31-year-old Sergey Karjakin currently finds himself 16th on the world rankings and in a recent interview for RIA Novosti would only commit to playing on until the age of 35. The Russian former World Chess Championship Challenger explained that getting into or remaining in the world’s Top 10 is much more difficult than it was a few years ago, though it remains one of his goals. He also talks about the upcoming Candidates Tournament and how the year’s break has changed the dynamic of the event.

Sergey Karjakin led Magnus Carlsen in the 2016 World Chess Championship in New York with just four games to go, but eventually lost a rapid tiebreak. He’s struggled to regain those heights since, though he won the World Blitz Championship shortly after the match and came close in the 2018 Candidates Tournament.

He missed out on qualifying for the 2020 Candidates, which is finally set to resume in under two weeks’ time on April 19th. Sergey talked to Oleg Bogatov for RIA Novosti about the event. We’ve translated the interview from Russian below:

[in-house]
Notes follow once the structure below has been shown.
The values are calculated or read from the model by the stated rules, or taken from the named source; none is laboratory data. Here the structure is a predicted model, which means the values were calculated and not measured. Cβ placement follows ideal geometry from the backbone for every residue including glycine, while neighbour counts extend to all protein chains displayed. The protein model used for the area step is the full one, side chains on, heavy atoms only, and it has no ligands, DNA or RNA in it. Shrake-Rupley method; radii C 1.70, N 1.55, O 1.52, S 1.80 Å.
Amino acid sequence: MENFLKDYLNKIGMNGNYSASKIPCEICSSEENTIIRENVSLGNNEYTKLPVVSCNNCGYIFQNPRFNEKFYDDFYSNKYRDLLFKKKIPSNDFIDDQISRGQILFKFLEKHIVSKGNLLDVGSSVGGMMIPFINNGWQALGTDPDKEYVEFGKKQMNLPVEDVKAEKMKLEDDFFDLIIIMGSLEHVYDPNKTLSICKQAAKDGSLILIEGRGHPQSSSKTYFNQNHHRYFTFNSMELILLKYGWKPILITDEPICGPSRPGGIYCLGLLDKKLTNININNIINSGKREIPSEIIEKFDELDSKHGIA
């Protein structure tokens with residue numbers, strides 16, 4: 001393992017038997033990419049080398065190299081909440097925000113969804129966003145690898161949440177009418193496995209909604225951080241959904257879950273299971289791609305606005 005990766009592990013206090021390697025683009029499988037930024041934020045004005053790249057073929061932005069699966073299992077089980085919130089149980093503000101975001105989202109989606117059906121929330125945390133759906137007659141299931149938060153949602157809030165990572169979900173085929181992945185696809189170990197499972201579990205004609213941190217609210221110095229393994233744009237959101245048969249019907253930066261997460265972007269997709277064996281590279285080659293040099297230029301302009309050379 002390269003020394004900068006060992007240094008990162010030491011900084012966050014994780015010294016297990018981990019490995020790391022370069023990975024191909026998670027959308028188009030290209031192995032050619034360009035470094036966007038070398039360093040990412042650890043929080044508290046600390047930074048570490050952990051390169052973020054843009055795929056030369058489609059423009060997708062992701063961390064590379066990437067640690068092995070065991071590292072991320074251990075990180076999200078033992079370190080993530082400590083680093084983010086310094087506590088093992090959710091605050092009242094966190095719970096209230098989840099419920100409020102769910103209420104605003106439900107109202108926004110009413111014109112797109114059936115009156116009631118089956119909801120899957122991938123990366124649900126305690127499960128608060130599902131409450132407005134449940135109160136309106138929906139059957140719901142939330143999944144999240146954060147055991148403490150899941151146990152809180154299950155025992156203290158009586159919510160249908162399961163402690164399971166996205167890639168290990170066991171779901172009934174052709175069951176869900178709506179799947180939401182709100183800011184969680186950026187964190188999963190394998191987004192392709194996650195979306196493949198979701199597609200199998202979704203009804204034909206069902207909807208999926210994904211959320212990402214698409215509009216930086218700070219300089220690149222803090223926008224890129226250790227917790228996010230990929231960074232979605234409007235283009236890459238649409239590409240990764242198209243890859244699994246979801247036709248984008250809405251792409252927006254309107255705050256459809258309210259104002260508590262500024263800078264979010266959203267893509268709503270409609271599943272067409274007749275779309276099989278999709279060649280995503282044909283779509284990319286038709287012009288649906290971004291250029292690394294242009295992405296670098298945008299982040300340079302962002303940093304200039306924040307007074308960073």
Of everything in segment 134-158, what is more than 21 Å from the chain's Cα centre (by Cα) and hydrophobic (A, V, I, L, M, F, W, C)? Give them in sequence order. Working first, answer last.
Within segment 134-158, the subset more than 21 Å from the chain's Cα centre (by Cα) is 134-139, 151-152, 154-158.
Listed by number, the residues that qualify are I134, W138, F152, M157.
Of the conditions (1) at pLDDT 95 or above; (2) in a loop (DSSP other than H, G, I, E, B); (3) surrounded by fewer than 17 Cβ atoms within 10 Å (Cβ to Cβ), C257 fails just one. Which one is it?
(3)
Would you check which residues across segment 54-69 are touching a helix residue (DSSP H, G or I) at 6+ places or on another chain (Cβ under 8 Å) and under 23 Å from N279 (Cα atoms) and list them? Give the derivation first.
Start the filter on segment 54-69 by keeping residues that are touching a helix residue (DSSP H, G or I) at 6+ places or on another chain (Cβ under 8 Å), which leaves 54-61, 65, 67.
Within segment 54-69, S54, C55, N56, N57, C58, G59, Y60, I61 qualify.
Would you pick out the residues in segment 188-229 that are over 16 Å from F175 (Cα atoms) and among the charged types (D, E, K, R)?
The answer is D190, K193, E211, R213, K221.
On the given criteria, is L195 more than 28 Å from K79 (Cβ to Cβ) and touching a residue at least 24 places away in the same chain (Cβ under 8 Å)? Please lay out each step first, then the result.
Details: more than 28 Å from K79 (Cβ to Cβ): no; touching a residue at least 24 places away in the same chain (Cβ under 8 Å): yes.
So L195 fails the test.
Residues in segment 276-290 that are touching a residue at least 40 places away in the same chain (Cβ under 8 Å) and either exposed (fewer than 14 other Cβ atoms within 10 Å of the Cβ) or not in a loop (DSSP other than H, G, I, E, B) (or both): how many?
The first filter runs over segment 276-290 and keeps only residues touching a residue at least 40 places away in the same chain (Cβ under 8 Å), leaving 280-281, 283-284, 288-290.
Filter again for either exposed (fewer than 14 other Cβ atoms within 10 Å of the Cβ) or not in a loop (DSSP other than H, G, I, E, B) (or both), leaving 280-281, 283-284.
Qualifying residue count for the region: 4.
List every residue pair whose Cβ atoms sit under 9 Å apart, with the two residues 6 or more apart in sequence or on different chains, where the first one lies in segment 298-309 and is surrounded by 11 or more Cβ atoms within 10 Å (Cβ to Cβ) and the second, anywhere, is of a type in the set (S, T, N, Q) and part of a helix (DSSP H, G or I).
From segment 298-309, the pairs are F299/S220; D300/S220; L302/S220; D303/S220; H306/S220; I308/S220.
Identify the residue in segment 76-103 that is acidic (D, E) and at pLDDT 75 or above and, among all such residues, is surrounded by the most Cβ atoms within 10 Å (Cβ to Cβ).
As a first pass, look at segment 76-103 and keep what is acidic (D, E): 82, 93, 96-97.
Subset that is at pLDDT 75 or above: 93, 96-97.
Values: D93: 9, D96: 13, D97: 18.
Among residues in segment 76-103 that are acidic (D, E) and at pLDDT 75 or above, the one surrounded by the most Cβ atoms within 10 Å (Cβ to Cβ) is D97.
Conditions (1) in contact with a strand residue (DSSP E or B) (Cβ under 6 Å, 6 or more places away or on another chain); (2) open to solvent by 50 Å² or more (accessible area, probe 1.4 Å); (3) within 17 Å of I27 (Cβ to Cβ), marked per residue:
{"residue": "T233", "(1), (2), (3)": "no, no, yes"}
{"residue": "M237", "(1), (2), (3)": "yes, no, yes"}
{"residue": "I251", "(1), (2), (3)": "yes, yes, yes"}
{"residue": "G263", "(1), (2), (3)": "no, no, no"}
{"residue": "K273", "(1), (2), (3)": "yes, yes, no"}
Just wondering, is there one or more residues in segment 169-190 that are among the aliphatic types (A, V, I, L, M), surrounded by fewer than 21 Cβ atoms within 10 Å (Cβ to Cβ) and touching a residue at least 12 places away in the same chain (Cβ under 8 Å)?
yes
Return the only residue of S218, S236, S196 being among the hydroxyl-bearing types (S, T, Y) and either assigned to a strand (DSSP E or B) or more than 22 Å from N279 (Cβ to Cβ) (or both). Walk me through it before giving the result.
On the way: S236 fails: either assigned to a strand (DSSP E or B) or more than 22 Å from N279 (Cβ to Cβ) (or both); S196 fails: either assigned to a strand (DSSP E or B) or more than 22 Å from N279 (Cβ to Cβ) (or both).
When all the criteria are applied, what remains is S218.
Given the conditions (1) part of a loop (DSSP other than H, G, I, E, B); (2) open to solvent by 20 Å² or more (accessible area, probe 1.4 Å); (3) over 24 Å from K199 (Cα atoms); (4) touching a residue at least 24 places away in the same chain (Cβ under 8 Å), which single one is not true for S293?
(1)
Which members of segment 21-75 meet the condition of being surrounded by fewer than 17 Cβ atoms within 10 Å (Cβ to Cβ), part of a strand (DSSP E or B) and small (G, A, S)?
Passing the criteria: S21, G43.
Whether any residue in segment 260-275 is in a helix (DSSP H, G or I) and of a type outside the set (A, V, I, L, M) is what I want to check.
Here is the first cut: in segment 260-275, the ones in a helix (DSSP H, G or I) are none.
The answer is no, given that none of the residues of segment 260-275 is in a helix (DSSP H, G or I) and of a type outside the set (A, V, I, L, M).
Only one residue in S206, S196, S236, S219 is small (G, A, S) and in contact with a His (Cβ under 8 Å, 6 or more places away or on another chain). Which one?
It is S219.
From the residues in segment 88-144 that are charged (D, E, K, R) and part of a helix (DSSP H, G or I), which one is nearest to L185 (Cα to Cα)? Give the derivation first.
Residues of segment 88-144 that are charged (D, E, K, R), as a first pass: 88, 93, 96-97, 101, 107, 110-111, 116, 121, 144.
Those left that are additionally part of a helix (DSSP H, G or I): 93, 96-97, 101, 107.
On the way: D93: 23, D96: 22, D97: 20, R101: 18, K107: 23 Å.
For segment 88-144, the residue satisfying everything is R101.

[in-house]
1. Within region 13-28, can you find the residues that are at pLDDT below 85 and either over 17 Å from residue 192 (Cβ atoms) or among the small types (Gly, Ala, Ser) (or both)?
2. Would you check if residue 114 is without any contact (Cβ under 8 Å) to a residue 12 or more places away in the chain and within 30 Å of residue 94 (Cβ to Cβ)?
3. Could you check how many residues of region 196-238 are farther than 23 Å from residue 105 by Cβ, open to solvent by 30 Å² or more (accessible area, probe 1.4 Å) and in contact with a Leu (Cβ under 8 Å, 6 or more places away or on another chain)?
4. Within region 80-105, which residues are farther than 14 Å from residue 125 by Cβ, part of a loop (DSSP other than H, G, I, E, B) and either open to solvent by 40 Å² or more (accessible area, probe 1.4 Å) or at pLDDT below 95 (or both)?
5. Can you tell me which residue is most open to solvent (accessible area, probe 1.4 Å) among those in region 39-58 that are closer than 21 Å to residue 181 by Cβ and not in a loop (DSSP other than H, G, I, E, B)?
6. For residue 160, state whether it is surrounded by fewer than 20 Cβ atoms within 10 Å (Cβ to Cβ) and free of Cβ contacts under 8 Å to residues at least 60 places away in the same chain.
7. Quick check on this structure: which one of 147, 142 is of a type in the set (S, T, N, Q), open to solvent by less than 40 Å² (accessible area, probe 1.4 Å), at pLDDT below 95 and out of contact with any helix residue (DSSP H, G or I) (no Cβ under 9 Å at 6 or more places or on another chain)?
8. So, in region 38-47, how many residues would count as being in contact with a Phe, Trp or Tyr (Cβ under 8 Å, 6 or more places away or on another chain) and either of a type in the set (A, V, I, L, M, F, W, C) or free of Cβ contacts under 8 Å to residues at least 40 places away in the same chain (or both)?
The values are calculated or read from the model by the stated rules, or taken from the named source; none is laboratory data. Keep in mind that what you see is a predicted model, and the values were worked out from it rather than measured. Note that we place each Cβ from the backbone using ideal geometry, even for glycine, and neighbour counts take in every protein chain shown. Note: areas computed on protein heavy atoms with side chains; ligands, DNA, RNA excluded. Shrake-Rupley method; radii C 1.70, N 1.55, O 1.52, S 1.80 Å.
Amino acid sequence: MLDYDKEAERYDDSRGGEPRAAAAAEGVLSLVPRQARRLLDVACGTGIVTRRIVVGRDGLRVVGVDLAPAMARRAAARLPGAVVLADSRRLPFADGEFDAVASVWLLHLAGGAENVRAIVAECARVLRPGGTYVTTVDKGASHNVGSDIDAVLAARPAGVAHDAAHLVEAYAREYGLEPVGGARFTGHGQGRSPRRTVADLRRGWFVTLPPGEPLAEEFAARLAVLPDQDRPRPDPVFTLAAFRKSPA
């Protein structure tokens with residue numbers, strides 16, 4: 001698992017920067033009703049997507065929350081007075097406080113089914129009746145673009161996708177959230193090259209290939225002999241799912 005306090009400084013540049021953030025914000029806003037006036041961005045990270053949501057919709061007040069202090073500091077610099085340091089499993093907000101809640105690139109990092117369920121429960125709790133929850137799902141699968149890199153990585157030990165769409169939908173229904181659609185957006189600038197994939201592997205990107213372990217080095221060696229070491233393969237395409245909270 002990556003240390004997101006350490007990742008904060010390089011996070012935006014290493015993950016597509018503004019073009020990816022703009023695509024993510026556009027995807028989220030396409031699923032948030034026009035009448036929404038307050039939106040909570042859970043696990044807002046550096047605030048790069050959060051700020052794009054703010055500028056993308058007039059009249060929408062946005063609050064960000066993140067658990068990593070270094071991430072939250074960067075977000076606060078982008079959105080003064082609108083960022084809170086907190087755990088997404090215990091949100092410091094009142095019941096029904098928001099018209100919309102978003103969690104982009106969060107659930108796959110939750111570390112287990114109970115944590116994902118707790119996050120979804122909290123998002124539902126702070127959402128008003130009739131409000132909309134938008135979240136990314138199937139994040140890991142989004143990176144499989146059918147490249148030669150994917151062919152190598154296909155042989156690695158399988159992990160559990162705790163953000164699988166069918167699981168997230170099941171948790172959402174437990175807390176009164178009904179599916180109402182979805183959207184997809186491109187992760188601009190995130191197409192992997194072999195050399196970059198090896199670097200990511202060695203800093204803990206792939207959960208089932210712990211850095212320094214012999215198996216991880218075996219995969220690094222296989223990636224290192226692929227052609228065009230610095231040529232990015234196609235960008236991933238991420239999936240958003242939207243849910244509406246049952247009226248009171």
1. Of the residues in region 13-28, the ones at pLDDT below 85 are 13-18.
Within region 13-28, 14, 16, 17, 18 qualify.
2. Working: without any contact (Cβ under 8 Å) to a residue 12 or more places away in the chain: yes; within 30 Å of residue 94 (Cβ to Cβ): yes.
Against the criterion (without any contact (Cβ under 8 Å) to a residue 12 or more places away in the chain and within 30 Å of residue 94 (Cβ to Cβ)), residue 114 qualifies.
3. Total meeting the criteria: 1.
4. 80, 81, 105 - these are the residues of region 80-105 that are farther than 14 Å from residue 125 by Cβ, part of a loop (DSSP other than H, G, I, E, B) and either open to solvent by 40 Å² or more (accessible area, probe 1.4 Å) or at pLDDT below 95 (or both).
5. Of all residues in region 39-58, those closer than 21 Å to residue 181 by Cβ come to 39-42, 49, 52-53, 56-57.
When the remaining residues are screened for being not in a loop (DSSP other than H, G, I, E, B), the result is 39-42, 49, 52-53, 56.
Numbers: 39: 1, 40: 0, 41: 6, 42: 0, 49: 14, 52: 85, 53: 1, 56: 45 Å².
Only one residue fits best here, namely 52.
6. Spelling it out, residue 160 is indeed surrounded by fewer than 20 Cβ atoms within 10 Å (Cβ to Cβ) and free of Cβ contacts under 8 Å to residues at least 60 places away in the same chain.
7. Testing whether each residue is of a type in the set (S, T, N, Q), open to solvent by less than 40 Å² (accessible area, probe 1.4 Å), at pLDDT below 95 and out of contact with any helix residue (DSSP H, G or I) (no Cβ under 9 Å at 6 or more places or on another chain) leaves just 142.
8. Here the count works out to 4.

Sergey, who do you feel is most likely to win the Candidates Tournament in Yekaterinburg? 

I’m not revealing any secrets if I say that Ian Nepomniachtchi and Maxime Vachier-Lagrave, because they’re sharing first place, and each of them has very good chances. Ian has over the course of the whole year demonstrated strong and confident play in other events, and therefore, if he comes into the event in the same form as before the first half, and as he’s shown over the last year, he’ll have very high chances. Maxime’s play has been less consistent, but on the other hand, this is an absolutely new tournament. It’s as if everything is starting again, so he has very decent chances of achieving success.  

You also shouldn’t rule out Alexander Grischuk, or Fabiano Caruana, or Anish Giri. They’re on 50%, which in case of one or two wins will put them right up there with the leaders. Therefore the person who wins will be the one who’s better prepared than the rest, and also, I’d say, has a little luck.